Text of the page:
To further protect from bleach's harmful effects on the respiratory system, make sure your space is well-ventilated. Opening doors and windows will increase airflow, and you can turn on a fan if you have one available. If you are especially sensitive to bleach's distinct fumes and ventilation is not enough, consider wearing goggles and a face mask for extra protection.

Flushing diluted bleach down the toilet

Much like the drain, flushing bleach down the toilet is another acceptable household disposal method. This may not be surprising if you've ever used a toilet bowl cleaner with bleach as the active ingredient. But if you choose to send excess bleach away with the push of a handle, look again at dilution as the best practice.

If you are only disposing of the last bit of bleach in the bottle, the water in the toilet bowl will probably work as a diluting agent. But any more than that, you should take further precautions by flushing small amounts in multiple batches. Or again, consider diluting the bleach with water in a separate container, and then flush that solution down the toilet. If any bleach gets on your toilet seat, be sure to wipe it well with additional water or a damp cloth to avoid any accidental contact with skin.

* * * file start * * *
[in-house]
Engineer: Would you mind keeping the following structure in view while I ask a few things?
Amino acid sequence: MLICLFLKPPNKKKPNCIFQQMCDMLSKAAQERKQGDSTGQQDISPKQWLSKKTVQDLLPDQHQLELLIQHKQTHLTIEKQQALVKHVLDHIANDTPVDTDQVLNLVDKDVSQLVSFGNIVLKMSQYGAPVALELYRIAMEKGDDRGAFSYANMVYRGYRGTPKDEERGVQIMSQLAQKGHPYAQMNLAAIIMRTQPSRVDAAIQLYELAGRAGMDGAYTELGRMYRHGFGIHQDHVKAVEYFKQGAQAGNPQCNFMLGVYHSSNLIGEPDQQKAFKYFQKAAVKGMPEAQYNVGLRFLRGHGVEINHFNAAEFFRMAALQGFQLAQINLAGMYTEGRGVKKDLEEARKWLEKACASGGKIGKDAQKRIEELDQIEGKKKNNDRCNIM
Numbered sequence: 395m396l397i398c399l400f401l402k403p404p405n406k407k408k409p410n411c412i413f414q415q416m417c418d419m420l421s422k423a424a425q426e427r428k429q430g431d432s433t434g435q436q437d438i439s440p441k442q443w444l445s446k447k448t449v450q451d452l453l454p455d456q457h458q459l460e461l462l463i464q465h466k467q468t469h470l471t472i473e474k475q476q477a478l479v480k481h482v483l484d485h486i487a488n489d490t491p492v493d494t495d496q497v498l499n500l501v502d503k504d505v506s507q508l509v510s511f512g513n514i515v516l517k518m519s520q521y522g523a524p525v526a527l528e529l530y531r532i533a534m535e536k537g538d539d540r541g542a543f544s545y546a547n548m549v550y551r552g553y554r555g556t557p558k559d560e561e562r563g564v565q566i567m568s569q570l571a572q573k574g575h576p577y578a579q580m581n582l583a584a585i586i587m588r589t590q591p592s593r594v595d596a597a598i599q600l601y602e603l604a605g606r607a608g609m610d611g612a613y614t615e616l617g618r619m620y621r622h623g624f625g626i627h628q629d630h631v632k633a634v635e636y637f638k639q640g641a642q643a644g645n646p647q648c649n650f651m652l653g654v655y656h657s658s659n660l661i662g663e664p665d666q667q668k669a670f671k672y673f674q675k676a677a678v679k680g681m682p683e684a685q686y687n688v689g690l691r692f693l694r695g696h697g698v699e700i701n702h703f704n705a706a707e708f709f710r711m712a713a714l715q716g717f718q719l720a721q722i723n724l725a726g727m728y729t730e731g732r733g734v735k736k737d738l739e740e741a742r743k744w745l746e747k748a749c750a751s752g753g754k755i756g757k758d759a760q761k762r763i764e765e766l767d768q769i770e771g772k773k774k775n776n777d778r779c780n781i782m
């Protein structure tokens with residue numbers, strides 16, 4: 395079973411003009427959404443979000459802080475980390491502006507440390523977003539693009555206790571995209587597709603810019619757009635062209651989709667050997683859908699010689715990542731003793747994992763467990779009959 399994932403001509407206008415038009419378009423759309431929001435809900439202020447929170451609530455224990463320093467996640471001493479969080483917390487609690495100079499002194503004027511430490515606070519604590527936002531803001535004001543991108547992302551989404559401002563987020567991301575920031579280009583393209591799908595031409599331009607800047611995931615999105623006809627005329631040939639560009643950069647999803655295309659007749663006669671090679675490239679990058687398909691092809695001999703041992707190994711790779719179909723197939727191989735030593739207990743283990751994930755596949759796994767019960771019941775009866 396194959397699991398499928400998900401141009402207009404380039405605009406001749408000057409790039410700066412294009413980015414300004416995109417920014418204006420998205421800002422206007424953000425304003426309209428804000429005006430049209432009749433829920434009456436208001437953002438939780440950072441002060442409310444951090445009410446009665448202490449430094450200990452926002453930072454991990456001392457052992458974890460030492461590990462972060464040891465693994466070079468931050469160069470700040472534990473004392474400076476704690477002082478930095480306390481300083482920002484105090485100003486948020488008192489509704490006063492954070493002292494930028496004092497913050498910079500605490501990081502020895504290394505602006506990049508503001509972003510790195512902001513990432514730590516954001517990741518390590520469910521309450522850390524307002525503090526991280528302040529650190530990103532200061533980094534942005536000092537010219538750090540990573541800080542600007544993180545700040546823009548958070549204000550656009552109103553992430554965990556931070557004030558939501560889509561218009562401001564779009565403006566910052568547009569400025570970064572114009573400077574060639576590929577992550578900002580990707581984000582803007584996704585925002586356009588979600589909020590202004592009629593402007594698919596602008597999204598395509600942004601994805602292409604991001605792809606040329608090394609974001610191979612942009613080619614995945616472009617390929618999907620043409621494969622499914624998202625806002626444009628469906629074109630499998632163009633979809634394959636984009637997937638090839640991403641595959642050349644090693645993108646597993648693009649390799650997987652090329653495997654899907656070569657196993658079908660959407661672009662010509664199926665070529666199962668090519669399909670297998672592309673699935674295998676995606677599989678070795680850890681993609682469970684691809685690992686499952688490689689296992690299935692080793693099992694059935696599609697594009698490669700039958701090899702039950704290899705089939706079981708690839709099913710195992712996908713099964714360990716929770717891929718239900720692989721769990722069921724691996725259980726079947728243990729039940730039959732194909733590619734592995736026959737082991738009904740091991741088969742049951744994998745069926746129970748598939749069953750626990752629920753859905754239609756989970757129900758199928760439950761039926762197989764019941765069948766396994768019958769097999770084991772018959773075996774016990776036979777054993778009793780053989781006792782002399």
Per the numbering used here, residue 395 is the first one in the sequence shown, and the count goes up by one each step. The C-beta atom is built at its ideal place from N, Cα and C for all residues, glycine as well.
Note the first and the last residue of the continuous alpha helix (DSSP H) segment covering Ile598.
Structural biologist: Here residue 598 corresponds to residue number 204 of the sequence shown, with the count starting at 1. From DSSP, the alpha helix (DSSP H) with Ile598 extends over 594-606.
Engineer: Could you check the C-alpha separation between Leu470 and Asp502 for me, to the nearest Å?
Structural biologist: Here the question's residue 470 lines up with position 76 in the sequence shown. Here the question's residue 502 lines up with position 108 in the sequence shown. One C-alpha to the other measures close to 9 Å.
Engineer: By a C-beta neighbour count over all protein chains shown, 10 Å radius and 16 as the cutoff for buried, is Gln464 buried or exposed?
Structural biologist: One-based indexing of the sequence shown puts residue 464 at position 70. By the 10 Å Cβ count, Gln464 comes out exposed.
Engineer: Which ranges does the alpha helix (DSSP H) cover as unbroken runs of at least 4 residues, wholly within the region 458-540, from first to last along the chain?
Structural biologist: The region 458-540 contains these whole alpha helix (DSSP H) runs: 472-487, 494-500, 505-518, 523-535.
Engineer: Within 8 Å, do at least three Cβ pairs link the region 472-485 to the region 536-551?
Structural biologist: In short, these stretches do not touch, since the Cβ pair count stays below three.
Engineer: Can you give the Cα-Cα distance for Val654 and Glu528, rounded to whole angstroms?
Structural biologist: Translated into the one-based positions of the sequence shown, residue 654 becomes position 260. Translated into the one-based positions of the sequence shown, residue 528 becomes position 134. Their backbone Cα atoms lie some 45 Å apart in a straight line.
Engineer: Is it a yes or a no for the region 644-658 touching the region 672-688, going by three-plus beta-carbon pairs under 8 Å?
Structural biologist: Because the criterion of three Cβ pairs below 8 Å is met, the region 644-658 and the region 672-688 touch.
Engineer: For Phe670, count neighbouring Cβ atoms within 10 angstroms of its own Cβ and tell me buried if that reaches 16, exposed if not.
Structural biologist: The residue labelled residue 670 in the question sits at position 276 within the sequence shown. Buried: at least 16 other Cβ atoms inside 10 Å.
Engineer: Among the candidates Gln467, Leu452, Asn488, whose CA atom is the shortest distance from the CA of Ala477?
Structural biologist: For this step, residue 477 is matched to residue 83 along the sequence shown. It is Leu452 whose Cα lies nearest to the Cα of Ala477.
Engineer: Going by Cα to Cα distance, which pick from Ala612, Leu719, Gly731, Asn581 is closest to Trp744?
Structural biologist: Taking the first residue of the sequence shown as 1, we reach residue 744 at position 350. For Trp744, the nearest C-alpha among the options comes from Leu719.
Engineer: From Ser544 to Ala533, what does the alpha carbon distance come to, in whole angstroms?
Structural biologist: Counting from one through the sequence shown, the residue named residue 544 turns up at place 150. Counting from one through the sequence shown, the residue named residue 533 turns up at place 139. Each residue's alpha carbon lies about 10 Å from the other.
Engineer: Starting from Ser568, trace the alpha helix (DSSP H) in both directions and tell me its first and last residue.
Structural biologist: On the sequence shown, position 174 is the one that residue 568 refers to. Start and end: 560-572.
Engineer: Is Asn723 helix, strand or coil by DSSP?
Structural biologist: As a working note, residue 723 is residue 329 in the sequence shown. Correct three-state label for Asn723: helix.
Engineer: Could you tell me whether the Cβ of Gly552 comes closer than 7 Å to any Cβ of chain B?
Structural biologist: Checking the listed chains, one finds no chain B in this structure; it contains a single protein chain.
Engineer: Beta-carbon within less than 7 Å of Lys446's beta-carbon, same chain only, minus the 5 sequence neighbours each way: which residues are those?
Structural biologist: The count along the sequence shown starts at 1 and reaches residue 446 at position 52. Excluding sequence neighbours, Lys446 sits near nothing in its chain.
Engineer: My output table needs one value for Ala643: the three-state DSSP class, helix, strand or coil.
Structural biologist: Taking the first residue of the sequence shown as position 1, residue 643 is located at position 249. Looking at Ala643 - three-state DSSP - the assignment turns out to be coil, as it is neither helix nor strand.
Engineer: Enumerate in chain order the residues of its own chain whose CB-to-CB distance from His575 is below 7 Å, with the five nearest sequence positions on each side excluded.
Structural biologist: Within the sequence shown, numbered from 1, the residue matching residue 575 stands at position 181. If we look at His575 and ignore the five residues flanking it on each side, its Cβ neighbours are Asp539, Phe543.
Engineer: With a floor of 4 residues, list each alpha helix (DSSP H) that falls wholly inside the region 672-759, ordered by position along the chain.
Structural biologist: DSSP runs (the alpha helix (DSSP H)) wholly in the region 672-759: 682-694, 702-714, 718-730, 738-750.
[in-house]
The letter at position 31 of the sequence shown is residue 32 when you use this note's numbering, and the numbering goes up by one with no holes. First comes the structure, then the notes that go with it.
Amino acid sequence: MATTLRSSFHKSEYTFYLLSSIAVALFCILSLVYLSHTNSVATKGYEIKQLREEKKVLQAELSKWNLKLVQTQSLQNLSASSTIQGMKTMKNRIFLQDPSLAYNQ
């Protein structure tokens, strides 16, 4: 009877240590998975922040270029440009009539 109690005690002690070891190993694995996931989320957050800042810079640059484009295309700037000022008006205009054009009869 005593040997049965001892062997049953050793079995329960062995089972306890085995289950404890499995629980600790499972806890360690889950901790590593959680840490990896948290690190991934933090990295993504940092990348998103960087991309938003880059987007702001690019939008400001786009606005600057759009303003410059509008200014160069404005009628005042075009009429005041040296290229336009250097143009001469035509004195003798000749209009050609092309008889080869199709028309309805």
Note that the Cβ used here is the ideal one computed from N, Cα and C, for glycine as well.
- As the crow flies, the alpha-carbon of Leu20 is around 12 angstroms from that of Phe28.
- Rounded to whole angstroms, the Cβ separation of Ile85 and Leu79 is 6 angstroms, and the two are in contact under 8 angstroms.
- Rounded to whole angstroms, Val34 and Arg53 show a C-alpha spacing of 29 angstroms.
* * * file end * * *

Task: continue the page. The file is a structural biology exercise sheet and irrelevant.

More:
Disposing of bleach at a household hazardous waste facility

Are you still worried about diluting the bleach enough or accidentally mixing it with hazardous chemicals? Since bleach is classified as household hazardous waste, you should be able to take it to a disposal plant. In fact, some municipalities may even request that you take unused bleach to a household hazardous waste facility rather than attempting to dispose of it at home. As always, check with your local laws and regulations before disposing of any chemicals.